We want our Bug to display at 80 pixels high, in our 720 x 480 Video Frame.

80/480=0.1666 [480 divided by 80] (It's just a coincidence that the W and H numbers are Identical)

0.1666 [Highlighted Pink] will be the 4th number in the string.

This [Happily] is the last of the Calculations or Modifications you need to worry about.
The bottom third of the Code can be ignored.

Step 12: Use Your New Bug/Watermark Program Inside Movie Maker!

Picture of Use Your New Bug/Watermark Program Inside Movie Maker!

Start the Windows Movie Maker Program.

In Movie Maker TASK MODE,
On the left side, under 1. Capture Video, Import Video
Import a Video clip or Movie, and then drag it down to the Timeline.
[If you don't Import a clip first, and insert it into the timeline, you won't be able to Click Done, and actually insert your Bug onto the clip.]

On the left side again, under 2. Edit Movie, Click on the Add Titles or Credits

On the next page, Click on the third listing, Add Title on the Selected Clip in the Timeline.

Your Cursor in automatically inserted into the Text Box. Hit the Space Bar to insert one space in the Text Box. [This is very important- add a space]

In the More Options section below, Click on Change the Title Animation

Scroll down to the Titles, Two Lines section, and look for your Bug Header [under the Newspaper], and find the Header that you named in the .xml file. [It will have a further description to its right, that you will recognize because you wrote it in the .xml file also!]

As soon as you Click it, it will maigcally appear in the Windows 320 x 240 Preview Screen on the right, and you will immediately know if this is the the one you want, that it's the right Bug, and its in the right place!

Step 13: Put Your New Bug/Watermark on Your Clip Within Movie Maker

Picture of Put Your New Bug/Watermark on Your Clip Within Movie Maker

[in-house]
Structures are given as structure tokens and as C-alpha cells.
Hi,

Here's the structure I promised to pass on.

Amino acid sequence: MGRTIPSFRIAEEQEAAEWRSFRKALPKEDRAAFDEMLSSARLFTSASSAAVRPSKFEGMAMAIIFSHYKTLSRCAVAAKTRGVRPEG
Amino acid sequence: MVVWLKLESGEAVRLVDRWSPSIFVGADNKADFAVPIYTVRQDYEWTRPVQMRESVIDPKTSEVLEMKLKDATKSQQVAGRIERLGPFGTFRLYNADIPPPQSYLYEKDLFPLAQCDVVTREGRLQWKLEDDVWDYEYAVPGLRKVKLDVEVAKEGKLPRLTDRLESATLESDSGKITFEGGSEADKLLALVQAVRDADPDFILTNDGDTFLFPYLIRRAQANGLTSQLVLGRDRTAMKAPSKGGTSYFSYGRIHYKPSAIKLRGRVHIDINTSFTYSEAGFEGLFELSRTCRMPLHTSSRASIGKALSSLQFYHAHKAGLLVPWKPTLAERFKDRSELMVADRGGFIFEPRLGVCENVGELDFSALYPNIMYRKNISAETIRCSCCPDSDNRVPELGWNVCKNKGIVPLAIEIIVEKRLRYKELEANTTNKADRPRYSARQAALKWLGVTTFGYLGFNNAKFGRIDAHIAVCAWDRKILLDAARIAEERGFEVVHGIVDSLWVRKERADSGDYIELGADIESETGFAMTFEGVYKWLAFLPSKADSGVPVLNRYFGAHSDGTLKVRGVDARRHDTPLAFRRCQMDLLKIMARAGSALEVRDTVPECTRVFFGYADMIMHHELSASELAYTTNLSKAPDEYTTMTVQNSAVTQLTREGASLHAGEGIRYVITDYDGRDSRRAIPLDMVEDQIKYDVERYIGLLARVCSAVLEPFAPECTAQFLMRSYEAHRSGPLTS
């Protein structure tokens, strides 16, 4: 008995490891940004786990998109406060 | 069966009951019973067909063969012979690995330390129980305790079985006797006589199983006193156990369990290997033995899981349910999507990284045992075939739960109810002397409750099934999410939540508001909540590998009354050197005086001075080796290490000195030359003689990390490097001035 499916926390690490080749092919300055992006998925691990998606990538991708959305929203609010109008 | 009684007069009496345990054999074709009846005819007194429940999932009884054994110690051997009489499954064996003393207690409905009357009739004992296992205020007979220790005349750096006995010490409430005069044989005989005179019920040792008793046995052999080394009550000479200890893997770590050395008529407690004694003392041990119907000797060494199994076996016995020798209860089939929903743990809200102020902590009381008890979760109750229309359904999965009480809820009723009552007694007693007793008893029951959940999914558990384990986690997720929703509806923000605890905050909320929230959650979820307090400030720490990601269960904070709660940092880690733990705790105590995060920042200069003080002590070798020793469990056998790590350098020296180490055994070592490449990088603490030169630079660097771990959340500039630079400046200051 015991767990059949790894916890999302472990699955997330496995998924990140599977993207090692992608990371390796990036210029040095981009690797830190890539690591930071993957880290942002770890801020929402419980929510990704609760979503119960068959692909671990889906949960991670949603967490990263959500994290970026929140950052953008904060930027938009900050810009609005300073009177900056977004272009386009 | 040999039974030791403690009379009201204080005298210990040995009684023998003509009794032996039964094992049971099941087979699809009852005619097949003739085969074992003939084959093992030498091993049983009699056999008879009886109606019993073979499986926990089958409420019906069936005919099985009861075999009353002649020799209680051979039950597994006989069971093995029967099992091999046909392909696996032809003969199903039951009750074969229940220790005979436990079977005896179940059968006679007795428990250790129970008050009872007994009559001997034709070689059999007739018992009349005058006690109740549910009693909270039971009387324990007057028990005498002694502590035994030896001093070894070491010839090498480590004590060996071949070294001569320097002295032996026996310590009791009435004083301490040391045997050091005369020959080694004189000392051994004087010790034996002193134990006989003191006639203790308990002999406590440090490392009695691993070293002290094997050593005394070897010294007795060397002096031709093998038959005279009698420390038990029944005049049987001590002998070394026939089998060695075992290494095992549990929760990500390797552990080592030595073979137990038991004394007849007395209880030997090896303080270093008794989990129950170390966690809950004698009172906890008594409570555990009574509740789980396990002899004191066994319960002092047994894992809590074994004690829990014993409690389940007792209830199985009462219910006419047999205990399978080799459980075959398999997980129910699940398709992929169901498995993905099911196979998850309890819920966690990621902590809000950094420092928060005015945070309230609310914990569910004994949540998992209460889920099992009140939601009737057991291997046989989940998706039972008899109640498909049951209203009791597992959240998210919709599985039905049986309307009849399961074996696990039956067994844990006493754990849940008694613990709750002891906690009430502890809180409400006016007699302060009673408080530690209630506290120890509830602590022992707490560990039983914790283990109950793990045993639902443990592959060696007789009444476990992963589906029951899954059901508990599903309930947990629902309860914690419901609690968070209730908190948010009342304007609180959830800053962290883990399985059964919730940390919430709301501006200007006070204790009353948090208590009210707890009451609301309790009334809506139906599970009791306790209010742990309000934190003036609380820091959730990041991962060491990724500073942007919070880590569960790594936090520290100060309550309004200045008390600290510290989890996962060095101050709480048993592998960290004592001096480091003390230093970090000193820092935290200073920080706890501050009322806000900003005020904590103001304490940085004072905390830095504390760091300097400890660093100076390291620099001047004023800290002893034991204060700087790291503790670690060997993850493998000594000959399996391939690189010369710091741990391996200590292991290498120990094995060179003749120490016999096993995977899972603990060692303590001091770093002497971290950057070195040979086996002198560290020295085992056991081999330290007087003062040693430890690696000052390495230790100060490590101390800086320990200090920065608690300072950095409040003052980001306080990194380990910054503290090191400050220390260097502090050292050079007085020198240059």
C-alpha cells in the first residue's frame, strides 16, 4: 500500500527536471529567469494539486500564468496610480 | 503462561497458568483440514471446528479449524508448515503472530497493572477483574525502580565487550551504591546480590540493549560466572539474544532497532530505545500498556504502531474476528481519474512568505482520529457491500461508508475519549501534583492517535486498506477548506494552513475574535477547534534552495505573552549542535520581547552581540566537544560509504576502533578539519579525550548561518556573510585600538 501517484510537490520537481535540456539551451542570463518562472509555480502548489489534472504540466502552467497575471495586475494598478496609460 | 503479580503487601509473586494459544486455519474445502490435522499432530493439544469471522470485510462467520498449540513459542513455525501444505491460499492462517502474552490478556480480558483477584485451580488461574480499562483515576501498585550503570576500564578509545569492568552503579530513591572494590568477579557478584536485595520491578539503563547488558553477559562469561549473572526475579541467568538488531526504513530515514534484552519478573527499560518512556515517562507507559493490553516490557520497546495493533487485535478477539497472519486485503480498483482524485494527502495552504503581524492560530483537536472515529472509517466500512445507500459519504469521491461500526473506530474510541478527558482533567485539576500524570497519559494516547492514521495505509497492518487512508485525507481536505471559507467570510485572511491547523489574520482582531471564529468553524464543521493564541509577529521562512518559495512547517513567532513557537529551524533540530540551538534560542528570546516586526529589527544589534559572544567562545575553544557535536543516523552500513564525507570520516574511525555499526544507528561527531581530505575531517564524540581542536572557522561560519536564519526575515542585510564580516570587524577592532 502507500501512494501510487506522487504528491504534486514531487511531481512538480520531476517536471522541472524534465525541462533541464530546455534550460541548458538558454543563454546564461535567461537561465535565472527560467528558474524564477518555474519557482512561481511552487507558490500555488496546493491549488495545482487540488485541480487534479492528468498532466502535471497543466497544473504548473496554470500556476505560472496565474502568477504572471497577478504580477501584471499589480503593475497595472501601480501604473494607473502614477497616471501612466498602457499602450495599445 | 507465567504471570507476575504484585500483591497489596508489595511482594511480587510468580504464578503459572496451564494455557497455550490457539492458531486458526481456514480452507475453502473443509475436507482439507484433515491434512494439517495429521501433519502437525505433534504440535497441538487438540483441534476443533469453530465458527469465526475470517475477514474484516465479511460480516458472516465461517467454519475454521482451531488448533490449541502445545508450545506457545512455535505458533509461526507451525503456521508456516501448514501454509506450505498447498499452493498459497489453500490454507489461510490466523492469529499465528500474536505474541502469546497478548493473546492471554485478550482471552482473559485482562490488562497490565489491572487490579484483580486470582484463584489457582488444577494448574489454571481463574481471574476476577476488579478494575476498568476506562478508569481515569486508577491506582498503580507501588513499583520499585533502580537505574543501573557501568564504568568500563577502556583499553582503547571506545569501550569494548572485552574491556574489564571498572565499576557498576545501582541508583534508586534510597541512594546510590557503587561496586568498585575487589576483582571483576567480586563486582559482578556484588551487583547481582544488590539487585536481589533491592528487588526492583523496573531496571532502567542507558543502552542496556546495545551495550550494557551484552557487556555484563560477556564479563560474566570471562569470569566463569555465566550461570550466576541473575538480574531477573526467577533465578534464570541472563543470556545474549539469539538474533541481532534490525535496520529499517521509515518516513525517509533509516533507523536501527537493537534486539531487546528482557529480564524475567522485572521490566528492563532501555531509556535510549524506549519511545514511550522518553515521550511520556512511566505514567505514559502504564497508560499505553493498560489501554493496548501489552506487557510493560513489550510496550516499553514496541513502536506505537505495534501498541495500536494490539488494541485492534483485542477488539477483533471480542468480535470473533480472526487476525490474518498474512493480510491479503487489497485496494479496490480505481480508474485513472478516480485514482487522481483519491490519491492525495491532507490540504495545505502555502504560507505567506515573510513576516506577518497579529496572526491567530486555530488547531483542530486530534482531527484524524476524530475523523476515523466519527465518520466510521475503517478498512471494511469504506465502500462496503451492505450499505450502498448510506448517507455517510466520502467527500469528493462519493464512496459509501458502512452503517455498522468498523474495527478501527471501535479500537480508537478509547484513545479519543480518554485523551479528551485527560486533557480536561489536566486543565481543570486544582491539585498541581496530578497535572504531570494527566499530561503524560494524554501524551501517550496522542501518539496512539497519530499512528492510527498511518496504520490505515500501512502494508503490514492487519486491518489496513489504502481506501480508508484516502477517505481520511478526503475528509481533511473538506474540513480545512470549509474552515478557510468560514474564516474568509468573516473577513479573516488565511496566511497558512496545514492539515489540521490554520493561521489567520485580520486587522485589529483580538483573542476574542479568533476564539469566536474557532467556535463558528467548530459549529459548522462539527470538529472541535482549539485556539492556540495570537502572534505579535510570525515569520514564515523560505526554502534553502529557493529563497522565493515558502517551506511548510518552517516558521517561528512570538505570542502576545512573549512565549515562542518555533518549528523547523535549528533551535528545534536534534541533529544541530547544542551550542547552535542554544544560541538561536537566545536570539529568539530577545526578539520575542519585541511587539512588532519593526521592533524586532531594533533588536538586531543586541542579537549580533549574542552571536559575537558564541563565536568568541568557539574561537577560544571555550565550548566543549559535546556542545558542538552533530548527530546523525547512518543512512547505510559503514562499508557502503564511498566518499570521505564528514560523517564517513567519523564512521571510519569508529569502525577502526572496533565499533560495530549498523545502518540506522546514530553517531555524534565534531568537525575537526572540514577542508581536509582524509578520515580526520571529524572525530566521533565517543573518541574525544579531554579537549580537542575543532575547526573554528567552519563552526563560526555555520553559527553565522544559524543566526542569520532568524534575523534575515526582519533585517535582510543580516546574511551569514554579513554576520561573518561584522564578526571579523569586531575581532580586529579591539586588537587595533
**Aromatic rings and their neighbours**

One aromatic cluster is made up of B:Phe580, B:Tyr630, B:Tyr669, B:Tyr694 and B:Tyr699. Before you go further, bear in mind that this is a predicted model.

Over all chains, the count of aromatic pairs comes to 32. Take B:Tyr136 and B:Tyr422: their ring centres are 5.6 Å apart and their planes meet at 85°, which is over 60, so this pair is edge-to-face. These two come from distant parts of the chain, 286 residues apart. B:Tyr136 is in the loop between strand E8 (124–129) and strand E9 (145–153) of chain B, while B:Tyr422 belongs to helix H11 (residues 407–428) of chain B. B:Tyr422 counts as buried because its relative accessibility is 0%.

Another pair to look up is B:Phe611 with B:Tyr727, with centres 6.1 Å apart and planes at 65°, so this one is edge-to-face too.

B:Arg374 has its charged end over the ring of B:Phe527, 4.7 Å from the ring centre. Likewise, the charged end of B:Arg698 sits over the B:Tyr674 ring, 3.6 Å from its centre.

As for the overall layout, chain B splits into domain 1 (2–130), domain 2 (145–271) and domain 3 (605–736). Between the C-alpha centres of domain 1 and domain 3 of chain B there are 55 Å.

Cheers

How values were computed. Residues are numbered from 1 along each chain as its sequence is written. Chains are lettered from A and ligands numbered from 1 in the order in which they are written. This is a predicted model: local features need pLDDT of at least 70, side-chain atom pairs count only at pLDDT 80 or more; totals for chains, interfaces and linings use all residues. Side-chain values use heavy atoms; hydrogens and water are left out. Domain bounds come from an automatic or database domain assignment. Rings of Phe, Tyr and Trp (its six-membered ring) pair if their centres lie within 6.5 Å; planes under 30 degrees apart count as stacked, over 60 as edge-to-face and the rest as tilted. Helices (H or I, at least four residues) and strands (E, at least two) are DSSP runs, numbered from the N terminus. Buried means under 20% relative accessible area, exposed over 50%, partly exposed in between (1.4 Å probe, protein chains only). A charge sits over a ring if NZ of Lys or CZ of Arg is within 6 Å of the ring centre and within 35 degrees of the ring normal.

Now Click on the Done, Add Title to Movie

Your Bug will immediately be Displayed in the Preview Window on the video clip of your choice.

It will immediately be added also to the Timeline in the Title Overlay Slot, at the bottom.

It might be hard to see in the Timeline Title Overlay Slot, because it's just a sliver.

Zoom in on your Timeline, and Pull the Right Handle of your Bug to the Right as far as you need to.

One Picture below shows the Bug as a Timeline Sliver, and the other Picture shows it Expanded.

Step 14: Let Your Imagination Run Wild With This Cool Application

Picture of Let Your Imagination Run Wild With This Cool Application

Comments

Ozzielove (author)2013-10-09

It also doesn't work on my side.

After searching on Google, I found a watermarker named Bigasoft Total Video Converter and gave it a try. It's very useful and powerful.

Try it.

DuftPunk20 (author)2010-07-15

For add to video watermark I usually use VidLogo.It's really good prog.Try.

ECDT (author)2009-06-16

Is there any way you can change the opacity of the bug?

Arbitror (author)2009-05-26

Does this work on the Vista Movie Maker?

Arbitror (author)Arbitror2009-05-27

nvm.. It won't work...

BlueMoody (author)Arbitror2009-05-29

Hi Shadow Ops I'm still on Windows XP. If you say it won't work on Vista, I guess you're right. I have Movie Maker showing two version numbers 5.1 and 2.1 Just be sure you followed the directions exactly, otherwise I guess you're out-of-luck.